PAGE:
Photography Part 2: Exposure
It’s been about 2 weeks since my first post, photography basics, which reviewed the equipment you need in order to start taking better photos. So, I think enough time has passed for everyone to save up a few thousand bucks, and make their purchases, right? Either way, onto the next logical topic: Creating a proper exposure.http://www.flickr.com/photos/jenloveskev/4342851203/
Your exposure is essentially how light, dark, or just right your photo is. You obtain this by combining the proper aperture
, shutter speed
and ISO setting
. (external light source or flash will also play a role in proper exposure, but I’ll cover that another time).
Each one of these variables (aperture, shutter and ISO) play a factor in your exposure. They each represent something unique, but need to work together in order to get a desirable result.
The quickest and easiest way to calculate the proper combination of these factors is by utilizing your cameras built-in light meter. In most cases, you’ll see the light meter towards the bottom of your display while looking through the viewfinder. Your cameras light sensor will judge the required settings by what is currently in focus. In other words, if you aim your camera at the bright sky, your light meter may tell you that your settings are over exposed and that they need to be altered. Similarly, if you aim your camera in a shaded area your light meter may tell you that your settings are under exposed and that you’ll need to, again, alter your settings. You can alter these settings by changing any one or all of the three factors mentioned above. Once the indicator on your light-meter is directly in the middle, you should have a proper exposure. However, there are many ways to obtain this exposure, and the one you choose might not be accomplishing the “look” that you were initially going forâ€¦ When I first started taking pictures I would only adjust the shutter speed in order to create a proper exposure. Unfortunately though, that technique was short lived until I found out that the slower my shutter was, the blurrier my photos became. Therefore, I needed to find a good balance between all of the factors involved in order to create a desirable photo for every specific instance.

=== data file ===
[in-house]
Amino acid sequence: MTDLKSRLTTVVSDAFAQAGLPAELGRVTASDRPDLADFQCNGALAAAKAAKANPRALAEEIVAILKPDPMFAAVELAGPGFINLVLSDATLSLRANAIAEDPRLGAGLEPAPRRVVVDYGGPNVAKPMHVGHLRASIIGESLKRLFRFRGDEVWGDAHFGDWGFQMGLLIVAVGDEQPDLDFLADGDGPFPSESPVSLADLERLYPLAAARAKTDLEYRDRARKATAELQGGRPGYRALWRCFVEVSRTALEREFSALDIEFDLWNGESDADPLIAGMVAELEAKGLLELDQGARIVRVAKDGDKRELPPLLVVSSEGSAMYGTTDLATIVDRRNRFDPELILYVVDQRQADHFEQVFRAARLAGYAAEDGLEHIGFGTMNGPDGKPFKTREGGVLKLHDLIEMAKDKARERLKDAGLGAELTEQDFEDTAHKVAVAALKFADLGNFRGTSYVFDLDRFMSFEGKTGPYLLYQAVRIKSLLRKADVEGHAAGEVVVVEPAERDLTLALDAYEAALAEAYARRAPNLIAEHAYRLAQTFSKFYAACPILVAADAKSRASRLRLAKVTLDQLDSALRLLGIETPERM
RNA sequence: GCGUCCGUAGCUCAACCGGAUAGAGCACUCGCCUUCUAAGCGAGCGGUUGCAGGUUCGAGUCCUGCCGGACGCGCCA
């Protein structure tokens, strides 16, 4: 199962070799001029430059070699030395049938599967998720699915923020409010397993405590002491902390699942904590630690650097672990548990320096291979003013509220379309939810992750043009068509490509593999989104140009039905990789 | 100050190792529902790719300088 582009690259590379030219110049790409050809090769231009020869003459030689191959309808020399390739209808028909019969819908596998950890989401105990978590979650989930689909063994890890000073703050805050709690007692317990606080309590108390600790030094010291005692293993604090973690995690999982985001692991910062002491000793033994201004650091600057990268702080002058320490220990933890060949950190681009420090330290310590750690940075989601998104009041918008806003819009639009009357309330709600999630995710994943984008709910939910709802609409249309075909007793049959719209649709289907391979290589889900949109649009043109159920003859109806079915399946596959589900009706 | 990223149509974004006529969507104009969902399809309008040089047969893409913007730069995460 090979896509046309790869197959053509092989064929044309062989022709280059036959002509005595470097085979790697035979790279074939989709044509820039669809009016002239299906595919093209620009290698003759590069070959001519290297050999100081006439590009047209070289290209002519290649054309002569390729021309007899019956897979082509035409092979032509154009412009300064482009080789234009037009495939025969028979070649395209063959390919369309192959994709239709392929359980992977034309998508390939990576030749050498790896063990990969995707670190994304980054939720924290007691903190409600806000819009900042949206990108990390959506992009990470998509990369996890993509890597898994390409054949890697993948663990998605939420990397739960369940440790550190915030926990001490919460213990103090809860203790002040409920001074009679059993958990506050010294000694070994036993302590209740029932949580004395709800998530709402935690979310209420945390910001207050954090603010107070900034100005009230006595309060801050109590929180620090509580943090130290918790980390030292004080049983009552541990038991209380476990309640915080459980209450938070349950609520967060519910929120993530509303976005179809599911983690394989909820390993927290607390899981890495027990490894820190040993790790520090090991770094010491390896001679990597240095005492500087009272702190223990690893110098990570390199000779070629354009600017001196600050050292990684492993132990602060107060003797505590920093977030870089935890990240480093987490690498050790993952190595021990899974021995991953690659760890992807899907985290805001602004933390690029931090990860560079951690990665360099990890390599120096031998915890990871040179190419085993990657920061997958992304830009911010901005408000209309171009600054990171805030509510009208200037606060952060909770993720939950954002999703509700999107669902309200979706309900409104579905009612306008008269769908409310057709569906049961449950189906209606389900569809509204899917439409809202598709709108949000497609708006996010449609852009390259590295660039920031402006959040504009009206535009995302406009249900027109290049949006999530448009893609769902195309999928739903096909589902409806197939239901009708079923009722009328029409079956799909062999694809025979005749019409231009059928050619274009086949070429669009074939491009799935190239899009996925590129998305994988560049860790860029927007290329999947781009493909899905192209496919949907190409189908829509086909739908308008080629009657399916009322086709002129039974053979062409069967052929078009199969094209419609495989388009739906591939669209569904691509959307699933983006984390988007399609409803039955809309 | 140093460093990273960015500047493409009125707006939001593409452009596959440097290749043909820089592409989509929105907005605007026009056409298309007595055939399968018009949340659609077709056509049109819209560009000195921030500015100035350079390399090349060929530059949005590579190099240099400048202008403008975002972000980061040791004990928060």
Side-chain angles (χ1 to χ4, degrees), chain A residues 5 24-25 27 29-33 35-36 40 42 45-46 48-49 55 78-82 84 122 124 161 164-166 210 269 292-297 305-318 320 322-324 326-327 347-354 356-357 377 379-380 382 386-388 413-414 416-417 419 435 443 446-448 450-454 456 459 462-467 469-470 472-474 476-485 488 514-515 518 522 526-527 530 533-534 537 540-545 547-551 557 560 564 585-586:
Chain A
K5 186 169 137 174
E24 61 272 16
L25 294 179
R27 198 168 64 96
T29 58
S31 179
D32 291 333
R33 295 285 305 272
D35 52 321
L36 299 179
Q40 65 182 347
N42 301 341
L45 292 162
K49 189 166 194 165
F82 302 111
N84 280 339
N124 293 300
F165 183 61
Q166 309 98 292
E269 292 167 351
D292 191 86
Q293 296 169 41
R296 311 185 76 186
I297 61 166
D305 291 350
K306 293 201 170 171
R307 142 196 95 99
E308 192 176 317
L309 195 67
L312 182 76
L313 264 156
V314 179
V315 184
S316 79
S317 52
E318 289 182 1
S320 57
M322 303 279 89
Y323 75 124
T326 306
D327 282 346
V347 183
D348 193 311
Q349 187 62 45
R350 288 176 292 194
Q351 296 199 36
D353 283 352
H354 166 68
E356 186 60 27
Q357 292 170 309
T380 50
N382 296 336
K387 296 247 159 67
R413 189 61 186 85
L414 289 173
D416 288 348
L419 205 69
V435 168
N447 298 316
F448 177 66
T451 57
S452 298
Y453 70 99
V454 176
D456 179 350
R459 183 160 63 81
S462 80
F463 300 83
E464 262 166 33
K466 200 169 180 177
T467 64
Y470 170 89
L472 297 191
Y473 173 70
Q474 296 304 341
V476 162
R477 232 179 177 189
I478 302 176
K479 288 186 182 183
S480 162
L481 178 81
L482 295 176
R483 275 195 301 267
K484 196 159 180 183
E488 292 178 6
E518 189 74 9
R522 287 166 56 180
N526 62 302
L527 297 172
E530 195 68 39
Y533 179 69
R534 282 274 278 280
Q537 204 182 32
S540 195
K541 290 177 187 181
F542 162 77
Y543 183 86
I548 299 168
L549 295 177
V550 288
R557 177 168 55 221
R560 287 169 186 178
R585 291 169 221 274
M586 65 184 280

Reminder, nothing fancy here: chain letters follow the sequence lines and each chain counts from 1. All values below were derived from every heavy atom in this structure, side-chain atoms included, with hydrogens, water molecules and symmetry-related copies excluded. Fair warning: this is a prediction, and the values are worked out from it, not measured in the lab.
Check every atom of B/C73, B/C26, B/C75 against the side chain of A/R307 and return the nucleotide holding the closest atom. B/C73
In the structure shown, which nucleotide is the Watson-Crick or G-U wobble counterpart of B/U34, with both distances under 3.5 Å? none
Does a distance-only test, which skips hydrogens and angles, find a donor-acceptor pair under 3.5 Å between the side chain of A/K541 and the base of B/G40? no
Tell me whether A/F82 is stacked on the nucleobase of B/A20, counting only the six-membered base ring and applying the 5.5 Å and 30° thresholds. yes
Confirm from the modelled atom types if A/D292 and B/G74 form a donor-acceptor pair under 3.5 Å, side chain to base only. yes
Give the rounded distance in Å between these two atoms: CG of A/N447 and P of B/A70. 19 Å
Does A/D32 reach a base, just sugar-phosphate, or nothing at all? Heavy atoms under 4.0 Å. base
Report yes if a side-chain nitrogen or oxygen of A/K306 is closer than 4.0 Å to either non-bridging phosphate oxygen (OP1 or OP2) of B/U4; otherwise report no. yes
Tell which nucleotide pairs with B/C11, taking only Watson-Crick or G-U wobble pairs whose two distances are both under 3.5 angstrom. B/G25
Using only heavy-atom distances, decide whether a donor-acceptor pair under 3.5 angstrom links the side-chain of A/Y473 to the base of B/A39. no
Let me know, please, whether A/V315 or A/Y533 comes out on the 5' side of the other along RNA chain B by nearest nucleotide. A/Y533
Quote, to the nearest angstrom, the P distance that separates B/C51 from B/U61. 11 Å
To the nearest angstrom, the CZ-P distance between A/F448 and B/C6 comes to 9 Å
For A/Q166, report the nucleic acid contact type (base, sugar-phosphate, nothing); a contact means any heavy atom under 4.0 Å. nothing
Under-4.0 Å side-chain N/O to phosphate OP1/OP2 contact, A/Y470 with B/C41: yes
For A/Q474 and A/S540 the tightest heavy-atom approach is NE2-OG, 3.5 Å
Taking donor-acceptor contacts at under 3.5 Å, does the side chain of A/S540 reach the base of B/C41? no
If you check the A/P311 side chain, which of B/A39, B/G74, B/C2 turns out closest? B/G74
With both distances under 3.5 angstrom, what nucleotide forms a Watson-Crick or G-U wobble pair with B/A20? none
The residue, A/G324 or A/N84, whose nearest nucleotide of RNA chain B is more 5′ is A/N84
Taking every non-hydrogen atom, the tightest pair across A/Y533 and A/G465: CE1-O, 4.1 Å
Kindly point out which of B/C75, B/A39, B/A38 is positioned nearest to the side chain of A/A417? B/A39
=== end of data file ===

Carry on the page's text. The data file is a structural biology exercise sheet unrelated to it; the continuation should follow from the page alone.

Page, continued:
When you understand the role that each factor plays within your exposure, you’ll have much more control over the results of your images. I’m going to walk through some of these factors to help give a better idea of what to expect when altering your aperture, shutter speed and ISO.
Click the link below to read the rest of the post!